“Home is where the hub is”

A recent study looks at how being connected through the Internet and other gadgets at home changes what home is:

What the web has inspired, then, is a postmodern understanding of what “home” is: a de-physicalised, conceptual and psychological phenomenon that externalises its invisible meanings. And interaction designers recognise this: the web is another castle that the Englishman can live in, and he seeks to create virtual places that have as much effect on pride, self-esteem and identity as the bricks and mortar version where he sleeps…

I am constantly connected when I’m at home. It is my companion when watching a movie, it is my entertainment system when listening to the radio, it is my connection to the family and friends I speak with on VoIP. Sociologist Kat Jungnickel and anthropologist Genevieve Bell suggest that my over-networked experience isn’t unusual in Home is Where the Hub is? Wireless Infrastructures and the Nature of Domestic Culture in Australia: “Some read their emails and Google for news in front of the TV while others breastfeed while surfing the net. In the kitchen, they look for recipes or talk with friends via IM. In bed they write emails or shop on eBay.” The rooms once allocated for specific purposes have been co-opted by other (digital) tasks.

This isn’t always welcome. In one of Jungnickel and Bell’s case studies, a participant describes the conflicts that arise from home-multiplicity: “Sal tells of the congestion zone caused by the chameleonic characteristics of the kitchen table,” they write. “During the day it is her new computing space, and at night it is the social, cooking washing-up space for both of them.” Each online activity has imposed itself on our home-practice. We are experiencing a domestic transition as the web collaborates and competes with old “new” technologies such as the TV, the researchers argue. It “complicates” characteristics of the physical space.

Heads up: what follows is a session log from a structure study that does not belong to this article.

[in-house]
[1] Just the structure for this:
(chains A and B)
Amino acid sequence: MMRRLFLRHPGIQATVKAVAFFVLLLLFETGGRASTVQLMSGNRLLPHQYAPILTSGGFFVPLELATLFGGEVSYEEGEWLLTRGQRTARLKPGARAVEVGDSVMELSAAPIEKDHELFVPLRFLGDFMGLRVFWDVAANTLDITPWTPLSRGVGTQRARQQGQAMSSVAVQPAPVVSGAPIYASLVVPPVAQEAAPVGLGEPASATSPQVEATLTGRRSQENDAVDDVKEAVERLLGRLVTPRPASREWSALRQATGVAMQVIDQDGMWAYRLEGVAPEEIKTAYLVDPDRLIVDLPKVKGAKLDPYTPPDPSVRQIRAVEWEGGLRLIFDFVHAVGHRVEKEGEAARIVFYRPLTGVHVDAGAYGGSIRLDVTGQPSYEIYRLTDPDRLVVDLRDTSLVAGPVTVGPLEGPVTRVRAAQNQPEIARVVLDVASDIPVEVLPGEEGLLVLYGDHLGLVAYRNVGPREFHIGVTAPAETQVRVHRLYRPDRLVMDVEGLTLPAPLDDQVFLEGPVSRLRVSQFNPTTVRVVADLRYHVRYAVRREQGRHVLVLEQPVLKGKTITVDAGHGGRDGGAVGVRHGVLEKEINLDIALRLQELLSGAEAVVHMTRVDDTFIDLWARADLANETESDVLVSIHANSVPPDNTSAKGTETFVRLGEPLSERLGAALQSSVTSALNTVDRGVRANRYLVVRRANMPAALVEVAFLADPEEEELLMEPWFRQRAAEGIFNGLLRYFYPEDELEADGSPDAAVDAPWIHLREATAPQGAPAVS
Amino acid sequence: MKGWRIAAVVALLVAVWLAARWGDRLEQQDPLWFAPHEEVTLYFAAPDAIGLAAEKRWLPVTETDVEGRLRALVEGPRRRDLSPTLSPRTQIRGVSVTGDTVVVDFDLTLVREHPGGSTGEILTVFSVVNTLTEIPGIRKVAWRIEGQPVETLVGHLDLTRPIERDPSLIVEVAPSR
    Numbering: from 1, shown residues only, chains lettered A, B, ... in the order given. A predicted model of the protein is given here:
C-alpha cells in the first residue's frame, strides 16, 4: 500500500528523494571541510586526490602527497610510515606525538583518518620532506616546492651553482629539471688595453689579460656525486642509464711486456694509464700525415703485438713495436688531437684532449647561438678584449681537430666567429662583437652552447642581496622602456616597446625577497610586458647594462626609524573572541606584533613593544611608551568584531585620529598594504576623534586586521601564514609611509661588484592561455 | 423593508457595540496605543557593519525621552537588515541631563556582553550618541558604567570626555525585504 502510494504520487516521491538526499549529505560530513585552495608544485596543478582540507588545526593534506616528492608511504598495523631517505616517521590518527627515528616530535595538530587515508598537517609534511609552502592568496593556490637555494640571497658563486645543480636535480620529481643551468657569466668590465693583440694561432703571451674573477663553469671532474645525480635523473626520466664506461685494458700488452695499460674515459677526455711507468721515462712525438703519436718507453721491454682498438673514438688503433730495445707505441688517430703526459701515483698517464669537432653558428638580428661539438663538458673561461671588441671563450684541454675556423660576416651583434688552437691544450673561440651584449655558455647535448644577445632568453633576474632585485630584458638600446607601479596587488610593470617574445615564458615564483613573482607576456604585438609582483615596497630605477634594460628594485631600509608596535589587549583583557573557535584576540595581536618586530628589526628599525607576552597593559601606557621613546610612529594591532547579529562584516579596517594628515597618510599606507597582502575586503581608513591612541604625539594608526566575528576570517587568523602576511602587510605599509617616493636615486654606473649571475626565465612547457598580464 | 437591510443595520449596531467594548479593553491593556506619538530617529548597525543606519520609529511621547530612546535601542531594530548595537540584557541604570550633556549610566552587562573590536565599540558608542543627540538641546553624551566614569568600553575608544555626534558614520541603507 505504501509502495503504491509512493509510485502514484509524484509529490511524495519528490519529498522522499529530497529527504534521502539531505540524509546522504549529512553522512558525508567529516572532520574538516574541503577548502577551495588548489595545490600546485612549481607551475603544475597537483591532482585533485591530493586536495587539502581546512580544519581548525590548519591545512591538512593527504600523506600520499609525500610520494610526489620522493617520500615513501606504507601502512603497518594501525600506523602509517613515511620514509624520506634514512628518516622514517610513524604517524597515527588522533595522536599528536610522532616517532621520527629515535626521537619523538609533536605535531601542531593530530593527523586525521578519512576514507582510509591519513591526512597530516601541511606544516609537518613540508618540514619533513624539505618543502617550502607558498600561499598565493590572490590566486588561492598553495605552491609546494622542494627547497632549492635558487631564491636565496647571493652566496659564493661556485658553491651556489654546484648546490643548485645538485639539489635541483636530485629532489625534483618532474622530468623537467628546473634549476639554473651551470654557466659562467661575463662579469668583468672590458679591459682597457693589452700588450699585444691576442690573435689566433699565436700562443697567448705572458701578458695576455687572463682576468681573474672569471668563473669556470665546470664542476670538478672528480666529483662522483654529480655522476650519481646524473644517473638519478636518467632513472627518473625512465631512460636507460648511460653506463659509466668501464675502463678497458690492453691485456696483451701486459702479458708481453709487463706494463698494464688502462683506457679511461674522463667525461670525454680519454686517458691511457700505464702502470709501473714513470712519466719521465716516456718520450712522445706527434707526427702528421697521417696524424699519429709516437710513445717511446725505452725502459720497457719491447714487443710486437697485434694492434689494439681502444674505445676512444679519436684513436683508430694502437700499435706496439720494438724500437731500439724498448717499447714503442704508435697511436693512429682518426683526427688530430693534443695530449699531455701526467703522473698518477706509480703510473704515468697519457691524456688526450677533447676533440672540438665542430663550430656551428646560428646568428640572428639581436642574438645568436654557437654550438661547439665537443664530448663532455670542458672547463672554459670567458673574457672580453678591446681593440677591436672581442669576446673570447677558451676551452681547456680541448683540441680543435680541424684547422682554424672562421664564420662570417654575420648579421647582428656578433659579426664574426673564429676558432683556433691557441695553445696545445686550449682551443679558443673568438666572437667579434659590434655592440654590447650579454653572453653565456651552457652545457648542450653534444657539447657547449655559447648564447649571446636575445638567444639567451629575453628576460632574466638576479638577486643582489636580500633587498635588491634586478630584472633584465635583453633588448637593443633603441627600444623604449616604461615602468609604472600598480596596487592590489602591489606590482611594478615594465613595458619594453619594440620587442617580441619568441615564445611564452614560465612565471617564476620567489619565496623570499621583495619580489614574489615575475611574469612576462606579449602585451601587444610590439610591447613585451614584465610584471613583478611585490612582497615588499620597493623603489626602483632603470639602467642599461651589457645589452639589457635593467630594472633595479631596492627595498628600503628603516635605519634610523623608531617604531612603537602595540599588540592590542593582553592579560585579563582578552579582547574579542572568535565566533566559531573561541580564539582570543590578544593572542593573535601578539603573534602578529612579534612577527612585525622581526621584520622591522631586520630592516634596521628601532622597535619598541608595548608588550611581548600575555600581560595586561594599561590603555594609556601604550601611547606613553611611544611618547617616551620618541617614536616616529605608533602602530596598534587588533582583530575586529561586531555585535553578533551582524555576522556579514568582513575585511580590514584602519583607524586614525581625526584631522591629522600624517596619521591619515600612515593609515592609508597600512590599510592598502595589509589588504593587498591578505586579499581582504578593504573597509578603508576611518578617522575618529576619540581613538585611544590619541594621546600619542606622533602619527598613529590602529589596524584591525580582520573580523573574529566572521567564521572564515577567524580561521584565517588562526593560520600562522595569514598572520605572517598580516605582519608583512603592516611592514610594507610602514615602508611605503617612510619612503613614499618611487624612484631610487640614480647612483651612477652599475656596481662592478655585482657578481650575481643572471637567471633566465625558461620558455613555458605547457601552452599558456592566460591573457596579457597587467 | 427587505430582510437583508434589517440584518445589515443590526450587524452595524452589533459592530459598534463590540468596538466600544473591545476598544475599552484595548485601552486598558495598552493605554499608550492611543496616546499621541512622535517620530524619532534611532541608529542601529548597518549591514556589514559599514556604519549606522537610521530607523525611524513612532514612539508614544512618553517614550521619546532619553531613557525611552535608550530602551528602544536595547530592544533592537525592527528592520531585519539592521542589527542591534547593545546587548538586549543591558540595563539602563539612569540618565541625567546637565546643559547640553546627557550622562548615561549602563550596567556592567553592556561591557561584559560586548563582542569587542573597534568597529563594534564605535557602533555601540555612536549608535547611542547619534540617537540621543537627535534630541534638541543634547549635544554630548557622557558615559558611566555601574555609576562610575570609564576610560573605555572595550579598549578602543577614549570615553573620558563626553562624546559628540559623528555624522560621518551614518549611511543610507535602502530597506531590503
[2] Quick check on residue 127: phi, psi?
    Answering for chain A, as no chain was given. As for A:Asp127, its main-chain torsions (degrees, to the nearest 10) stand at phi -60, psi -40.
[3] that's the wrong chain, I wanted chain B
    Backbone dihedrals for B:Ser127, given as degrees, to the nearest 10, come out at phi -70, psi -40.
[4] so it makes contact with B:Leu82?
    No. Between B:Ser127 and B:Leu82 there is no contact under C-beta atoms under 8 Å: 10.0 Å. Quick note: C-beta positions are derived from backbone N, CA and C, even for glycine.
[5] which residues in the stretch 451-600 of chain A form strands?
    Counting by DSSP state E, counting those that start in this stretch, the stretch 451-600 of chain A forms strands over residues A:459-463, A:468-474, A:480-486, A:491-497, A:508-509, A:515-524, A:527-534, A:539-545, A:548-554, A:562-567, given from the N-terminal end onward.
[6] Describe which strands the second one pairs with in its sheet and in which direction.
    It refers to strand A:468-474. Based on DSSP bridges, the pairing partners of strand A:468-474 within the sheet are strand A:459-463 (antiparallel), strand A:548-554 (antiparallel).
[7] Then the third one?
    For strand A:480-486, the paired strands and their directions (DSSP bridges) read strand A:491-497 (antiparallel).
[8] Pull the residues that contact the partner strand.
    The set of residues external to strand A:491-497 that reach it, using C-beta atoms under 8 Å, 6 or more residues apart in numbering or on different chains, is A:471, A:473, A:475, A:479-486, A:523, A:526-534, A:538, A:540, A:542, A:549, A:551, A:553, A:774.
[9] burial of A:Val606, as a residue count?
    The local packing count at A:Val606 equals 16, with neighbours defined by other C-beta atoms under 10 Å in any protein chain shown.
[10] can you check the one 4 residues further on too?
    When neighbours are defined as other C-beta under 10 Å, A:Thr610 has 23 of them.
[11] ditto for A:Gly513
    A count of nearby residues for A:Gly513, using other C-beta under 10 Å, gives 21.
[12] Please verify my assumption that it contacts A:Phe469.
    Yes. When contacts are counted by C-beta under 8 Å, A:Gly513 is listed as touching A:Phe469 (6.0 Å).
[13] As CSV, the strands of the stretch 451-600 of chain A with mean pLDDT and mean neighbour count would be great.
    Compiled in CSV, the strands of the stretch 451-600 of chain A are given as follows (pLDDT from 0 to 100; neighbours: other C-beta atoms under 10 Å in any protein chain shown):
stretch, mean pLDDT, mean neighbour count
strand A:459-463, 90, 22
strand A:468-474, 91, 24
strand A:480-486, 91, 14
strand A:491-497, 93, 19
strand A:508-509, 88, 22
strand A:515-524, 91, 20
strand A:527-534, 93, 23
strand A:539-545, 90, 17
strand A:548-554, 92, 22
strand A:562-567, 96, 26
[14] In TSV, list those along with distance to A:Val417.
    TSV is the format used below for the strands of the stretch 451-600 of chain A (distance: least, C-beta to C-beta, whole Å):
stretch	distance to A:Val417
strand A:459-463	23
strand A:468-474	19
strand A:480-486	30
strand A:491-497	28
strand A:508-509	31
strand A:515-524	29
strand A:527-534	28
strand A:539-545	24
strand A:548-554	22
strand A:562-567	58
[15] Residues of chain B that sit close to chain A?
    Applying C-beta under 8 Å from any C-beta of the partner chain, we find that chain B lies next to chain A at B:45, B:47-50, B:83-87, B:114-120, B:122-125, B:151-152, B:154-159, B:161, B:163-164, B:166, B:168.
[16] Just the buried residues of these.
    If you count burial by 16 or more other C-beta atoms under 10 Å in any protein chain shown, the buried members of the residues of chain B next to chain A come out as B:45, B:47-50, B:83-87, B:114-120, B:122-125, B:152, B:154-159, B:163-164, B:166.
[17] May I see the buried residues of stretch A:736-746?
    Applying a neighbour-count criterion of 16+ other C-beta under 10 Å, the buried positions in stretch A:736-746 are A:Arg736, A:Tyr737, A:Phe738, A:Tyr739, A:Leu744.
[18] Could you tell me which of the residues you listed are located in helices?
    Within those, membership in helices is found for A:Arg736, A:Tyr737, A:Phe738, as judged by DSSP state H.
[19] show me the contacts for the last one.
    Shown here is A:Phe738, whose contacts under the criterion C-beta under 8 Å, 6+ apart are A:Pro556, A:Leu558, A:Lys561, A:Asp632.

We are adaptable creatures and will work within the confines of our existing homes to integrate this new creature into our lives. We have already made the web part of our domestic ecologies and we continually imbue it with a sense of place. Perhaps its malleability is why it has been so successful and why we are willing to bring this interruptive technology into our most intimate worlds.

In recent decades, commentators have suggested that Americans have retreated into their large homes and lost their connection to their communities. But this may be suggesting that while Americans may have withdrawn, they are still interested in being connected. However, this connection looks different than it has in the past. The connection now happens at the times of the individual’s own choosing, it is done at a distance, and it is unclear how much this translates into offline world action.

I don’t think we should be too surprised that the concept of home is changing. Our current understanding dates back roughly to the mid 1800s when homes were built with separate rooms to separate uses: sleep in one room, eat in another, cook in another, etc. Before that, homes were more multi-use as more people used their home for work as well as family life. It would be interesting to think about how the quick expansion of Internet connectedness might lead to new designs for homes or introduce interior spaces that enhance this connectedness. Already, we have more static gadgets that have been adapted, such as televisions including Internet apps, so why not dining rooms, bathrooms, and front porches plus back patios?

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